Sofya, can you do your homemade yogurt recipe? I have been hoping you would. I know I saw a great piece on making homemade yogurt in the New York Times once but I lost it and want to try to make some, even without St. Brigid’s Meadows milk.

2 Svetlana May 20, 2012 at 3:14 pm

I simplyfied the yogurt making process few years ago. It works like magic every time, without crockpots or burned pots. Never bought yogurt from the store again. I use the microwave! Home made organic yogurt, YAY. We all know how much does it cost to buy . Here in DC areas a quart costs about 7$. I buy a gallon of good organic milk about the same price and it lasts me for over 2 weeks. First time you want to use organic yougurt/ small one/makes 1 quart. Heat your milk in the microwave for 6-7 mins, is a microvave safe bowl/microwaves are different, you need temp that your finger can take when dipped in . Slightly warmer but not hot./ if a little to hot just leve in the microwave to cool slightly.Then wisk with the yogurt till smooth, poor back in the bowl or clean dry container , cover and stick it back in the microwave an leave it overnight. Next morning you have home made organic yogurt Voila! next time you can use a cup of your own yogurt to make next batch. I make 2 quarts at a time and use yogurt containers from previous store bought yogurt/ makes it easier.

3 Sofya January 26, 2010 at 6:26 pm

Place 2 qt in a 2 qt crockpot and heat on low for 2.5 – 3 hrs. Turn off and let cool until reaches 110-115 degrees. Right in that range. Take a cup or a cup and a half out and mix 2 T of yogurt into it. Mix well with a whisk and add back to the yogurt, again mix well with a whisk. Place the crock pot’s ceramic part with a lid on (take it out of the metal stand) into the oven (not turned-on) with the light on and leave overnight.

4 kate February 2, 2010 at 6:37 pm

Sofya, I made your yogurt, and it worked! I was thrilled.

5 Sofya February 2, 2010 at 9:04 pm

Oh that makes me happy.

6 Sofya February 2, 2010 at 9:04 pm

If someday some whey pools on top, just pour it off carefully.

7 Natasha Kravchuk February 9, 2010 at 6:31 pm

That soup looks very interesting and good. I’ll show this to my hubby; he’s our soup lover. I think we will give it a try.

8 Sofya February 9, 2010 at 6:57 pm

It’s got that herby-yogurty Middle Eastern flavor. Hope you like it.

9 Rasha February 21, 2010 at 10:30 pm

I will definitely try this recipe. My grandmother makes a number of yogurt soups, and they are always my favorite. Sorrel, yum, and not something I would have thought to put in a dairy-based soup, but it makes perfect lemony sense.

10 Sofya February 21, 2010 at 11:53 pm

It’s easy too. I think it’s so tasty. Something I grew up with I guess.

11 jeiranhasan August 1, 2010 at 11:01 am

I am an Azeri American who never quite liked certain foods including dovga but now that I’m in Baku and going back to the states soon, I’m excited to try this recipe. Thanks for the great instructions and instructional pictures… nush olsun :)

12 Sofya August 1, 2010 at 8:04 pm

Ah great! Were you born here?

13 jeiranhasan August 2, 2010 at 4:32 am

unfortunately not, but my dad is from there so I grew up with the food and culture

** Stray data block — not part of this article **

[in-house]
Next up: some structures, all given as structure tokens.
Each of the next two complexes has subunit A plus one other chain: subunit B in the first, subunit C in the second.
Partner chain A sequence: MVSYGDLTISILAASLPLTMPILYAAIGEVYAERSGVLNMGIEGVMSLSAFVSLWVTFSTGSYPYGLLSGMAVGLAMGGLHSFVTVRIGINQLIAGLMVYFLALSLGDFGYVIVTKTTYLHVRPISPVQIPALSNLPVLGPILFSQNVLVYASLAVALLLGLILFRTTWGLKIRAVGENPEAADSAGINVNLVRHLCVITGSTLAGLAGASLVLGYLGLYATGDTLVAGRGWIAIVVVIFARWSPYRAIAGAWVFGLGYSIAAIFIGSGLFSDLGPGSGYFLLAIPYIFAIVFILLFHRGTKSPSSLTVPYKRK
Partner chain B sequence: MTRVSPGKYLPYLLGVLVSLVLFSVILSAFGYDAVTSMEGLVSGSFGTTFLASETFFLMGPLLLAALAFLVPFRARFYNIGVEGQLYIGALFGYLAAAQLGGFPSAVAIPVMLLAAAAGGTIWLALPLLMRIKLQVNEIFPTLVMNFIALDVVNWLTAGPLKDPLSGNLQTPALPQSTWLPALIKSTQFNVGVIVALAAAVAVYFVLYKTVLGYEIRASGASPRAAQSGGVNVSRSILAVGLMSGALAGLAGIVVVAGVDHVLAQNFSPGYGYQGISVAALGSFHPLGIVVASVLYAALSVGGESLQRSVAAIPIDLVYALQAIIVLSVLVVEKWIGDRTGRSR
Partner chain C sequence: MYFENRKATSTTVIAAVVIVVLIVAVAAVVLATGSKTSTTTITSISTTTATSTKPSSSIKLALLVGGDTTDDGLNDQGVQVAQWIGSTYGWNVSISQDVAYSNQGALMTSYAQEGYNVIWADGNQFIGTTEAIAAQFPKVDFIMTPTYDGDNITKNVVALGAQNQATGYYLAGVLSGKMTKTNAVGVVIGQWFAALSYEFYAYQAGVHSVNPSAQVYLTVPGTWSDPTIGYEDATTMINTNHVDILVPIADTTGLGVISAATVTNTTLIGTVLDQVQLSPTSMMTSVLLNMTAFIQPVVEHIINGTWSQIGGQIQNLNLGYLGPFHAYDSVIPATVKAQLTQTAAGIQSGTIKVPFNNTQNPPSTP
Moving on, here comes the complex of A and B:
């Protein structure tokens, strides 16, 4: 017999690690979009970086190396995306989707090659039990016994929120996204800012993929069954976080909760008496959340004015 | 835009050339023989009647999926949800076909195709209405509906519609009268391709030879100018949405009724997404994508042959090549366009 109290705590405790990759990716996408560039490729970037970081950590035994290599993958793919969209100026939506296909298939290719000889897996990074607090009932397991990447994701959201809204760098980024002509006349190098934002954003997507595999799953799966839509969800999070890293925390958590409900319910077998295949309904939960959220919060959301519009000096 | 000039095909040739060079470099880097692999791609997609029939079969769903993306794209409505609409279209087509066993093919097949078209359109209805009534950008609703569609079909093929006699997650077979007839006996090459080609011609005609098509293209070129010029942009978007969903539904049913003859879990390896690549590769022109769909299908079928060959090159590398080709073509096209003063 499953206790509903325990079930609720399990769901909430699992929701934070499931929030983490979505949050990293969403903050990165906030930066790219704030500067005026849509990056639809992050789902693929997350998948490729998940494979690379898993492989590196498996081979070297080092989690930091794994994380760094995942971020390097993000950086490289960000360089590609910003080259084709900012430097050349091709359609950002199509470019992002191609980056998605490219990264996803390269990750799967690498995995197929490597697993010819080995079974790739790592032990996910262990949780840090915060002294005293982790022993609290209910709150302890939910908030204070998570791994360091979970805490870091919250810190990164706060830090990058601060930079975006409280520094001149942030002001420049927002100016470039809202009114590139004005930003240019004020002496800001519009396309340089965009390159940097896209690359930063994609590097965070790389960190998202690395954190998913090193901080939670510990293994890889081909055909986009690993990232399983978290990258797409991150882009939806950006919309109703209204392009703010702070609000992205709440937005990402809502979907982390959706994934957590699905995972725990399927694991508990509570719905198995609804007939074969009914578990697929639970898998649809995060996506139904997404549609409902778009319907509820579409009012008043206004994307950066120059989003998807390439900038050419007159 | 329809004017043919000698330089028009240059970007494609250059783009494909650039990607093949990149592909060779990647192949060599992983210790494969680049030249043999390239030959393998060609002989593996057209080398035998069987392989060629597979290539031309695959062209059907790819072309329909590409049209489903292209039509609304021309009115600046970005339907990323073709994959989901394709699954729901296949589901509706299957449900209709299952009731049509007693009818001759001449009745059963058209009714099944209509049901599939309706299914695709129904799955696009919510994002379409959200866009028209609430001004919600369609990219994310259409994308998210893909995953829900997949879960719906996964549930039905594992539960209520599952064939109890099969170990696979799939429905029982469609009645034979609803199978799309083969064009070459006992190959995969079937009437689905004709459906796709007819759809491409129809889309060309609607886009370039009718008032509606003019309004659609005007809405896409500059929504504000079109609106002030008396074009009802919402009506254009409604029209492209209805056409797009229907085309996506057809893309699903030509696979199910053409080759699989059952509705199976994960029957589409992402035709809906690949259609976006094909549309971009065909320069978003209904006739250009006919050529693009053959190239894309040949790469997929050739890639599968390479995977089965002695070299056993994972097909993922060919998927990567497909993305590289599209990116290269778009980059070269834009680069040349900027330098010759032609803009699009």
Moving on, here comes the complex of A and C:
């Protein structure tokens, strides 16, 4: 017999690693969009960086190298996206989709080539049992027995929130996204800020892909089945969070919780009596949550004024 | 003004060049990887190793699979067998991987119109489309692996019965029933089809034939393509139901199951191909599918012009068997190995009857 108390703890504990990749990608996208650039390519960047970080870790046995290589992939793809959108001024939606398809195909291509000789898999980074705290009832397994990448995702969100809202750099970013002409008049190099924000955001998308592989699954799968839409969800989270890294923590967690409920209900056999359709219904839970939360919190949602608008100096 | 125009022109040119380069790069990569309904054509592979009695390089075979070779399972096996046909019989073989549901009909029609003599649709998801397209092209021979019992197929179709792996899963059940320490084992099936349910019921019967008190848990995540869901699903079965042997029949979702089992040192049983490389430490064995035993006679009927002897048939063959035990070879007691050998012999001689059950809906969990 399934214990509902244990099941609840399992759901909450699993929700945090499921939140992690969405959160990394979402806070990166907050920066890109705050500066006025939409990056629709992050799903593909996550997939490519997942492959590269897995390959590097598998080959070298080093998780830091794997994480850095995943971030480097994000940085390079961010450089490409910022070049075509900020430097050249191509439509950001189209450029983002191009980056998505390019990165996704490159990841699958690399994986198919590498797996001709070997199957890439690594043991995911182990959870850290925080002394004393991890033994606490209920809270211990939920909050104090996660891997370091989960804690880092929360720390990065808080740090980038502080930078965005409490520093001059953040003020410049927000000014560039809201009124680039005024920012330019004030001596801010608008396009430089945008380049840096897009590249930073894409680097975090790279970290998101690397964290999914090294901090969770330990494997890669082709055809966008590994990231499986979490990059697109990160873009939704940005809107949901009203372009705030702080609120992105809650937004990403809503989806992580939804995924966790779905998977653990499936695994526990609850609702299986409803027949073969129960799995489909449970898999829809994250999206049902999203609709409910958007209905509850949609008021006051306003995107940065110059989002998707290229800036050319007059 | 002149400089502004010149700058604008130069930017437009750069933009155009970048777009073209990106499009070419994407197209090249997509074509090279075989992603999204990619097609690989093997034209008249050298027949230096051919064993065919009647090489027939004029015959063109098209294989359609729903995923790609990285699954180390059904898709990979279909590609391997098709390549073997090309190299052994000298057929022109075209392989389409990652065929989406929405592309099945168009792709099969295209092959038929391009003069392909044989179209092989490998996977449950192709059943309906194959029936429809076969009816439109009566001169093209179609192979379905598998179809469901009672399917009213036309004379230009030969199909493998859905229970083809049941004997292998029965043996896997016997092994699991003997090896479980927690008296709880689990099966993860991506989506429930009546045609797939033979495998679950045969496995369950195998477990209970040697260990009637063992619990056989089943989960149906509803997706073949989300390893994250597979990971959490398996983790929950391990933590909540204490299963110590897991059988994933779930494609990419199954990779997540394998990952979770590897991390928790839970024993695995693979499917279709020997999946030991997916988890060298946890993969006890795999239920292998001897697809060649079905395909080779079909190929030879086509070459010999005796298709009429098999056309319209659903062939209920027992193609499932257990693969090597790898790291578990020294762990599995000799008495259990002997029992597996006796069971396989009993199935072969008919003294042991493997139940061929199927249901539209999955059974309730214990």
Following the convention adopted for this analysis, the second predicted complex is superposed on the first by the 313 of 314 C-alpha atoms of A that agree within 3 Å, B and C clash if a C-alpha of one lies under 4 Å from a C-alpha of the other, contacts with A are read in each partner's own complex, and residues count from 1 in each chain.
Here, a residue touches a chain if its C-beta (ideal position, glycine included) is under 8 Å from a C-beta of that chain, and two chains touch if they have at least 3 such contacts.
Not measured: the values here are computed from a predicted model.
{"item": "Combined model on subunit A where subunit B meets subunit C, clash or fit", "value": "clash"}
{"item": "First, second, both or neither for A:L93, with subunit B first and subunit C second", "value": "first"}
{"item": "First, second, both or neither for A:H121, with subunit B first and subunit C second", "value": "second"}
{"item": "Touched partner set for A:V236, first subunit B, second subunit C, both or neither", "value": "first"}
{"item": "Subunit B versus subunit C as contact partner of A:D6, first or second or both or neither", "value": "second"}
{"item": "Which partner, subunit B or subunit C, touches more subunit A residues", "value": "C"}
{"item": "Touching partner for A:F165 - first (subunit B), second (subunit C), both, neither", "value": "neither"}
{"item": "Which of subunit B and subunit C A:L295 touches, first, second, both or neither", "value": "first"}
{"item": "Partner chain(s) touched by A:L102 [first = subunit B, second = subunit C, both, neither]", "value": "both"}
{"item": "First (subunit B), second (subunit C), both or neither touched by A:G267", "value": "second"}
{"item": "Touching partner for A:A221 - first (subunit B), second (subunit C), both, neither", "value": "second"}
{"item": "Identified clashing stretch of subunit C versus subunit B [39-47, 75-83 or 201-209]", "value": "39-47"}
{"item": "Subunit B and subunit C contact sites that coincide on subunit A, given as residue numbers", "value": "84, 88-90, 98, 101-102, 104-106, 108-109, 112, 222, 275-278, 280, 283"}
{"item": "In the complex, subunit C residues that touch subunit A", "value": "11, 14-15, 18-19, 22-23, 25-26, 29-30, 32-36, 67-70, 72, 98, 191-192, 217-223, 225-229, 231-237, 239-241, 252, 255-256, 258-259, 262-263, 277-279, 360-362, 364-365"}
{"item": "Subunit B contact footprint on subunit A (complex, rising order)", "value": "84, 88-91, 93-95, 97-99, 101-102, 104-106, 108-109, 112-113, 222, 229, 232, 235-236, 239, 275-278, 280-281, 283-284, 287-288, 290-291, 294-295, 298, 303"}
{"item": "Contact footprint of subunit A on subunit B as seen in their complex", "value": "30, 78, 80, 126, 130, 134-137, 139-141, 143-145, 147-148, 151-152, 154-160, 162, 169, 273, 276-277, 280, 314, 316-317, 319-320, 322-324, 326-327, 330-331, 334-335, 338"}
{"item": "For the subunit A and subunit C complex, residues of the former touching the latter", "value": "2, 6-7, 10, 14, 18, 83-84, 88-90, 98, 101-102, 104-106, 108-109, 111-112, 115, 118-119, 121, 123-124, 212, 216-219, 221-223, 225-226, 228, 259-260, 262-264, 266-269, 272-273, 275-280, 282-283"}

14 Sofya August 2, 2010 at 9:32 am

OK! What I meant is whether you were born in the US, since that was the impression I got. By “here” I meant the US since I am an American too.

15 Lynn October 3, 2010 at 4:56 pm

I love this recipe. I make a big pot of it and freeze some and we have it for lunches. So delicious and nutritious.

16 Sofya October 3, 2010 at 6:32 pm

Fantastic! Thanks so much for coming back and letting me know! And I am excited to know that it freezes well – I never tried, ours is gone too fast.

17 buna October 10, 2010 at 11:59 am

I taught an intensive English course in Baku a few years ago and for the first lunch my student ordered dowga! i almost cried! my family is Assyrian from Iran Azerbaijan and it tasted just like my grandmas dowga. We call it “booshala”.
I happen to be in the states for sad family business and will be in Milwaukee at my sisters for the month of December.
if u happen to be in Milwaukee maybe we could compare dowga. its my favorite food ever. i am with cousins in Berkley now, and we made a huge pot of bushala.
U gotta keep stirring with a wooden spoon for hours and NOT change directions cuzit will curdle.

18 Sofya October 10, 2010 at 3:17 pm

Well, Milwaukee is a very long way away from here.

I don’t find that you need to stir all the time in one direction, or both directions, because high-fat, creamy American yogurt does not curdle like the leaner one back home as easily. I just stir it from time to time.

19 Lana November 21, 2010 at 11:19 am

Dovga is one of the best soups on earth! I always add some flour for more creamy texture and I always stir non stop with wooden spoon

20 Sofya November 21, 2010 at 9:28 pm

My mom adds flour too! I just go heavy on rice, so I still get it thick, but it’s more rice-y then than maybe is customary. I never stir non-stop though – takes too much time! There are few occasions when it separates, but that was also the case every once in a while back in Azerbaijan when I used to stir it.

21 saida December 6, 2010 at 9:10 pm

i live on the east coast and it’s gotten cold outside in the last few weeks. temperatures are in the 30′s, which might not be so cold in wisconsin, but the fact remains that my hands had gotten frozen without gloves today.
i was sitting at work and thinking that i really want dogha… google made me come across your recipe…
so i came home and just made a delicious pot of dogha… it came out thicker than it’s supposed to, but still so yummy and warm!…
it makes me so happy!!! thank you, thank you for this recipe

22 Sofya December 6, 2010 at 9:21 pm

Glad it worked for you!! Mine is always thicker than normal, feel free to cut the rice next time. I guess I really like it sort of like a cream soup.

23 Josh January 20, 2011 at 6:13 am